WHERE'S THE BLUBBER?
Calling it beef would be too kind to the downright fat offensive linemen whom Steelers fans had become accustomed to seeing the last couple of years.
Gone are Max Starks, Trai Essex and Willie Colon, three of the 350-pound club members, and Ramon Foster, who replaced another 350-pounder, Chris Kemoeatu, last year, is in the best shape of his pro career at 325.
The only starting lineman to add weight since last season is center Maurkice Pouncey, who used to brag about being able to play at 285 pounds but who finally had a rehab-free summer and was able to add close to 20 pounds. He said he loves his new-found strength.
The new sixth man, Kelvin Beachum, is a still-too-small 306 pounds.
Drafting new players such as DeCastro, Adams and Beachum last year helped the transition to a leaner and more mobile line, and Foster wanted to be a part of it.
"We want to be an outside zone offense," said Foster. "We've got to be able to run, and you run with smaller guys. That was one of the main focuses right there: trim down, make it look good. Even if you don't lose wait, trim, change, change your body around."
Was there a memo?
"Coach (Todd) Haley asked for it; coach Jack (Bicknell) asked for it," Foster said. "They did that right before we broke the last minicamp, but guys were already working. It was just an emphasis that we're going to make this outside zone work, and how to do it was with quicker linemen."
RB HELPED IT WORK
With Le'Veon Bell and Isaac Redman not expected to play, the Steelers will take long, hard looks at Jonathan Dwyer and Baron Batch tonight because the other tailback -- LaRod Stephens-Howling -- put a hammerlock on his position with his performance in the opener.
Stephens-Howling, the 5-foot-7, 185-pounder out of the University of Pittsburgh and Greater Johnstown High, didn't start last week but entered the game on the fourth play and ended up leading all rushers with 40 yards on 7 carries.
"It felt good to get back into Heinz Field and put some good things on tape," said Stephens-Howling, who said his best game at Heinz Field was in 2007 when he rushed for 100 yards and scored the game-winning touchdown in Pitt's upset of then-No. 23 Cincinnati.
While Stephens-Howling isn't a contender for the starting Steelers tailback job -- at least when the bigger backs are healthy -- he's a dangerous receiver and coach Mike Tomlin knows it.
In a recent backers-covering-backs drill, Tomlin intentionally matched Stephens-Howling with his best coverage linebacker, Lawrence Timmons, who foolishly attempted to make a kill shot of Stephens-Howling in the flat. But Stephens-Howling put a move on Timmons, who went sprawling as the coaches laughed on the sideline.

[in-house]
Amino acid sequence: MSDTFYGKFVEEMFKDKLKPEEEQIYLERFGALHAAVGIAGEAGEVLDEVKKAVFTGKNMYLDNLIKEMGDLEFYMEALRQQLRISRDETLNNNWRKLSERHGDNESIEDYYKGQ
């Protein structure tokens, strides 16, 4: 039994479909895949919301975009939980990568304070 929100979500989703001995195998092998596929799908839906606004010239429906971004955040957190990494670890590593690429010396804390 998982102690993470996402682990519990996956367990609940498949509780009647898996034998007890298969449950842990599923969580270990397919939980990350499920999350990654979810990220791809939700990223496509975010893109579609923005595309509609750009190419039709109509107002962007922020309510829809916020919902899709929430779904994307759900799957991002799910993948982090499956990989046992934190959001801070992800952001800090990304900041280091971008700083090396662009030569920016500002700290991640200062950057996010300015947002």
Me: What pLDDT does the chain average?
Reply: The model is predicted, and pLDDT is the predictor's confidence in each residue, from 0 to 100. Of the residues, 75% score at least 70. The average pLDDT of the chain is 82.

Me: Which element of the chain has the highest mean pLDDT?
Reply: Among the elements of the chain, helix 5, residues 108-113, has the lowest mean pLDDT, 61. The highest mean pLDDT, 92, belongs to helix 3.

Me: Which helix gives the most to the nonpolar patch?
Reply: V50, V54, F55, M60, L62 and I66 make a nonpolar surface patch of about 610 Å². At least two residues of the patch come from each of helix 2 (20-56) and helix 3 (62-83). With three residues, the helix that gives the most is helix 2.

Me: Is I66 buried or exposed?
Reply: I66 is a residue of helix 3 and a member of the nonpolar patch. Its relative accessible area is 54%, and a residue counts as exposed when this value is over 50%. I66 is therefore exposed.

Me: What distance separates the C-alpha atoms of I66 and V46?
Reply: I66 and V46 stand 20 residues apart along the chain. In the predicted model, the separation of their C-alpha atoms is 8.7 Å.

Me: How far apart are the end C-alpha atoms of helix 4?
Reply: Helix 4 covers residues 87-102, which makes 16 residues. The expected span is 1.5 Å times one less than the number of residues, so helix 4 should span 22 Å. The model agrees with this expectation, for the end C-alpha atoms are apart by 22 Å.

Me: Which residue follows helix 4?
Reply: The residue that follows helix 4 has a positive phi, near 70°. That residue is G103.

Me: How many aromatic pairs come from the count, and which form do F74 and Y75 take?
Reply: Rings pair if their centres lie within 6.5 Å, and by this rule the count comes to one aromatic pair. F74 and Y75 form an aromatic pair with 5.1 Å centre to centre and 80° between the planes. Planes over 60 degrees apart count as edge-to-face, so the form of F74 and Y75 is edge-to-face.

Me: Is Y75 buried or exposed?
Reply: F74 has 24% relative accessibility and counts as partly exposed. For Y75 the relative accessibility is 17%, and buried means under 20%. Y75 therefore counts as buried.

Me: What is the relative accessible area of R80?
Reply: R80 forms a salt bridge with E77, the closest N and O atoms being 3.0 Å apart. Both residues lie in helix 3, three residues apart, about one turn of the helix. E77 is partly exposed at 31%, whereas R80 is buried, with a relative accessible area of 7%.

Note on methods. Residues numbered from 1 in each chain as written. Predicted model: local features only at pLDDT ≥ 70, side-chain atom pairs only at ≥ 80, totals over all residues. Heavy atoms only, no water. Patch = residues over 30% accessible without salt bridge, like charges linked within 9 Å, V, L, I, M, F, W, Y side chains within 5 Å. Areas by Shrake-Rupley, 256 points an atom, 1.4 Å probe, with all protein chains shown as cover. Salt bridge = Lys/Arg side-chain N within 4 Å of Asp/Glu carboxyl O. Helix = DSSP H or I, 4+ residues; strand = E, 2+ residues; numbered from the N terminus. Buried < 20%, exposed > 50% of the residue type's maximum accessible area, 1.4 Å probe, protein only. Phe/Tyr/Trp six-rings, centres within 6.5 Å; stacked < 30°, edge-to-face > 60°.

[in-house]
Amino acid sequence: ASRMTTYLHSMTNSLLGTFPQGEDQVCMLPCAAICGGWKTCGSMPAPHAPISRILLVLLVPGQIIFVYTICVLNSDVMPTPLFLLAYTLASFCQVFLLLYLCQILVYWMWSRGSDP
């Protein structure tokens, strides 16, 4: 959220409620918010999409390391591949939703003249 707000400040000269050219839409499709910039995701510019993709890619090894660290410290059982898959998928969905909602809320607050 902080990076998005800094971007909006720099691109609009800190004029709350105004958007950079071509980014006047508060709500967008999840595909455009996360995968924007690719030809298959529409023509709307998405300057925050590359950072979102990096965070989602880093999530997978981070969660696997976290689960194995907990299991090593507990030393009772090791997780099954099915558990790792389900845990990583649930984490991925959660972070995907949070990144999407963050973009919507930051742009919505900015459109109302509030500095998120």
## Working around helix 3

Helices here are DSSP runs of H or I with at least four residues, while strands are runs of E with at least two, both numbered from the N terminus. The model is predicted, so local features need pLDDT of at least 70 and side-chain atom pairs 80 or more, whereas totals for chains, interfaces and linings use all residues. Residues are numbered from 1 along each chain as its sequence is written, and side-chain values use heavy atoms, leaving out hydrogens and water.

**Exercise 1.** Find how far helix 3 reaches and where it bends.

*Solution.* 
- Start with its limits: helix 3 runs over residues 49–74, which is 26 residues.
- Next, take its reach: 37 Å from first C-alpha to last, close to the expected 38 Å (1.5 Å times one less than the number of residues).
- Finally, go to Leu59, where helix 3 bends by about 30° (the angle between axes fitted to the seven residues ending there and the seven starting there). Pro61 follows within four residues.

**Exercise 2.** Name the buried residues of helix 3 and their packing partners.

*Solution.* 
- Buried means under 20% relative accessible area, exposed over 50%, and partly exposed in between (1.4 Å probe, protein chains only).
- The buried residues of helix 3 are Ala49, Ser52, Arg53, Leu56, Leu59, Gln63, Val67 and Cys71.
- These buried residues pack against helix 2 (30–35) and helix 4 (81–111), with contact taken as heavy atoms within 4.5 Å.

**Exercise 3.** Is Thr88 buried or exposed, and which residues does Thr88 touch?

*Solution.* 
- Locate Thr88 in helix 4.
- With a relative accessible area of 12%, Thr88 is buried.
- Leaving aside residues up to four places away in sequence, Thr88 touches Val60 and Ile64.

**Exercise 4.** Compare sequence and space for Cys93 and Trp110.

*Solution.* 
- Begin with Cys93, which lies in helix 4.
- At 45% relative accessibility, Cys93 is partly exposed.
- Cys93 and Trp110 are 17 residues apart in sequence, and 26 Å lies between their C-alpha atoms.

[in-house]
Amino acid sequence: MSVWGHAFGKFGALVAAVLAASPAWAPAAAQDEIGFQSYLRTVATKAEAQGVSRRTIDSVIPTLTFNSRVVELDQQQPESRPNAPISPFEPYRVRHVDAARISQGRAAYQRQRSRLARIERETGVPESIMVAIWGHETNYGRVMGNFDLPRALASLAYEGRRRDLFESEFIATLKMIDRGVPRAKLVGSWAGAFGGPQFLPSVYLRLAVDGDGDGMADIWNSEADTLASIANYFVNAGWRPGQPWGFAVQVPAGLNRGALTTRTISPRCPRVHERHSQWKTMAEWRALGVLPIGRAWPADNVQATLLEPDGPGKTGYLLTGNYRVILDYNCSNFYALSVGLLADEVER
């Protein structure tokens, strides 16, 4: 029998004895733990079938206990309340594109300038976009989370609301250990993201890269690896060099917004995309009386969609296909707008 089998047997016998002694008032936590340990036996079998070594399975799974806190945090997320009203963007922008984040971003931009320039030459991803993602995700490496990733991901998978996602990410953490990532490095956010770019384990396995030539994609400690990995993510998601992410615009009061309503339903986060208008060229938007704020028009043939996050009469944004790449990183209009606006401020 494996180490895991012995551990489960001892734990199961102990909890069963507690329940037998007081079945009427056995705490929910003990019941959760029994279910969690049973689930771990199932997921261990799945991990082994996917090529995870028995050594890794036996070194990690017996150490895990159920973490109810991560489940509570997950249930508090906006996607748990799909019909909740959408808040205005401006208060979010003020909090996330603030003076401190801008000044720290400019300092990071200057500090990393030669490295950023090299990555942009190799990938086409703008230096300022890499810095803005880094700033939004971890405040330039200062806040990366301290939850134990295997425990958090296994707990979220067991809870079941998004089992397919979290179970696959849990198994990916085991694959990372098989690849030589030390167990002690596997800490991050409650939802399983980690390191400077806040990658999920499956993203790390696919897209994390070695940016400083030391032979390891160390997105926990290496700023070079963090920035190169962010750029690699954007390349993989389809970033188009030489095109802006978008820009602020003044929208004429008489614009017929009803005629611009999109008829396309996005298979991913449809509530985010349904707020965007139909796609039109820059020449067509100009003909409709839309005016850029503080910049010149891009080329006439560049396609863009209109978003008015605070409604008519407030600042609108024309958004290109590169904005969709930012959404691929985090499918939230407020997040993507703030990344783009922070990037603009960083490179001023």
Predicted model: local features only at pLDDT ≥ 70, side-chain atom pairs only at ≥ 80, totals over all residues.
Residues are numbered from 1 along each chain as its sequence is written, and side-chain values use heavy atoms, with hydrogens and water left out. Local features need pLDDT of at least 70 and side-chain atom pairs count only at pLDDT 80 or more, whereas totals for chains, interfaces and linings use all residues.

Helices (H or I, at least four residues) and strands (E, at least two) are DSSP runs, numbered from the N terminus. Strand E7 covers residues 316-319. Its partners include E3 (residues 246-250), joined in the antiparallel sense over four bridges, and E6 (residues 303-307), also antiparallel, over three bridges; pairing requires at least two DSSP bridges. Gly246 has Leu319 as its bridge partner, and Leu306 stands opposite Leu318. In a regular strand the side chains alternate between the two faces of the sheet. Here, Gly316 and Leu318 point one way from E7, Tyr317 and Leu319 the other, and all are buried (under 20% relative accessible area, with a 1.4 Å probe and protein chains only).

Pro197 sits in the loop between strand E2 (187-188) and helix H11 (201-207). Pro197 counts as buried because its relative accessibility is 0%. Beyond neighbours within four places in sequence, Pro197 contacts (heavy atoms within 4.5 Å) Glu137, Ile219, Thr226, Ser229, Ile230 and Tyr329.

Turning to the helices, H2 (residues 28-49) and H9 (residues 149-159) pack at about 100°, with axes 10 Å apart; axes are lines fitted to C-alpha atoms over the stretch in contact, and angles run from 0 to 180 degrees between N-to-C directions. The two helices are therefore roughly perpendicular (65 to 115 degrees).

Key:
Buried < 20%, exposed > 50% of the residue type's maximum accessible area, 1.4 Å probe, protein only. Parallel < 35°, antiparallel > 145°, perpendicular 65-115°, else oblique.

In the next match-up, Stephens-Howling cut out and easily gained separation from Timmons to catch a pass. He turned it up the field as the whistle blew to end the session. The coaches, including Tomlin, were clearly pleased with Stephens-Howling.
"I'm just trying to make him better," Stephens-Howling said of Timmons. "When the role's reversed, and it's pass protection, backs on backers, I'm trying to find out how I can get better. Everybody has their things they need to work on. Route running happens to be one of the crafts I'm comfortable with."
Stephens-Howling is also quite comfortable returning kickoffs, which he'll do tonight against the Redskins.
Rookie quarterback Landry Jones couldn't have gotten off to a worse professional start. he entered last week's game in the third quarter, and on the first snap he slammed into Batch, the running back, while trying to hand him the ball. Jones instead fumbled in the end zone, fell on it, and was tackled for a safety.
Jones completed 5 of 9 passes for 48 yards but is coming off of his best week of practice with the Steelers yet.
"I think this past week he's been coming along great," said quarterback Bruce Gradkowski. "I think Landry has the right attitude, the right work ethic. He has the talent, so it's good to see him come out here and continue to get better. He's a big, strong guy who throws the ball well."
The Steelers made it known this week that they intend to keep three quarterbacks on the 53-man roster, and unless they are surprised by a quality quarterback on the waiver wire they intend to keep three they already have. That means Jones and John Parker Wilson are competing for the No. 3 job, with Jones the frontrunner because Tomlin will exhause all patience before cutting a fourth-round draft pick.
"No question," Gradkowski said. "I learned about patience with Jon Gruden in Tampa. It's definitely a process."
Gradkowski was Gruden's sixth-round pick in 2006 and became the Bucs' starting quarterback in Week 5. He started 11 games as a rookie, but warned that "Everyone's different. You just have to continue to learn the offense. The more comfortable you get to learn the offense the better you'll play."
Jones is scheduled to take the fourth-quarter snaps for the Steelers tonight in his rotation with Wilson.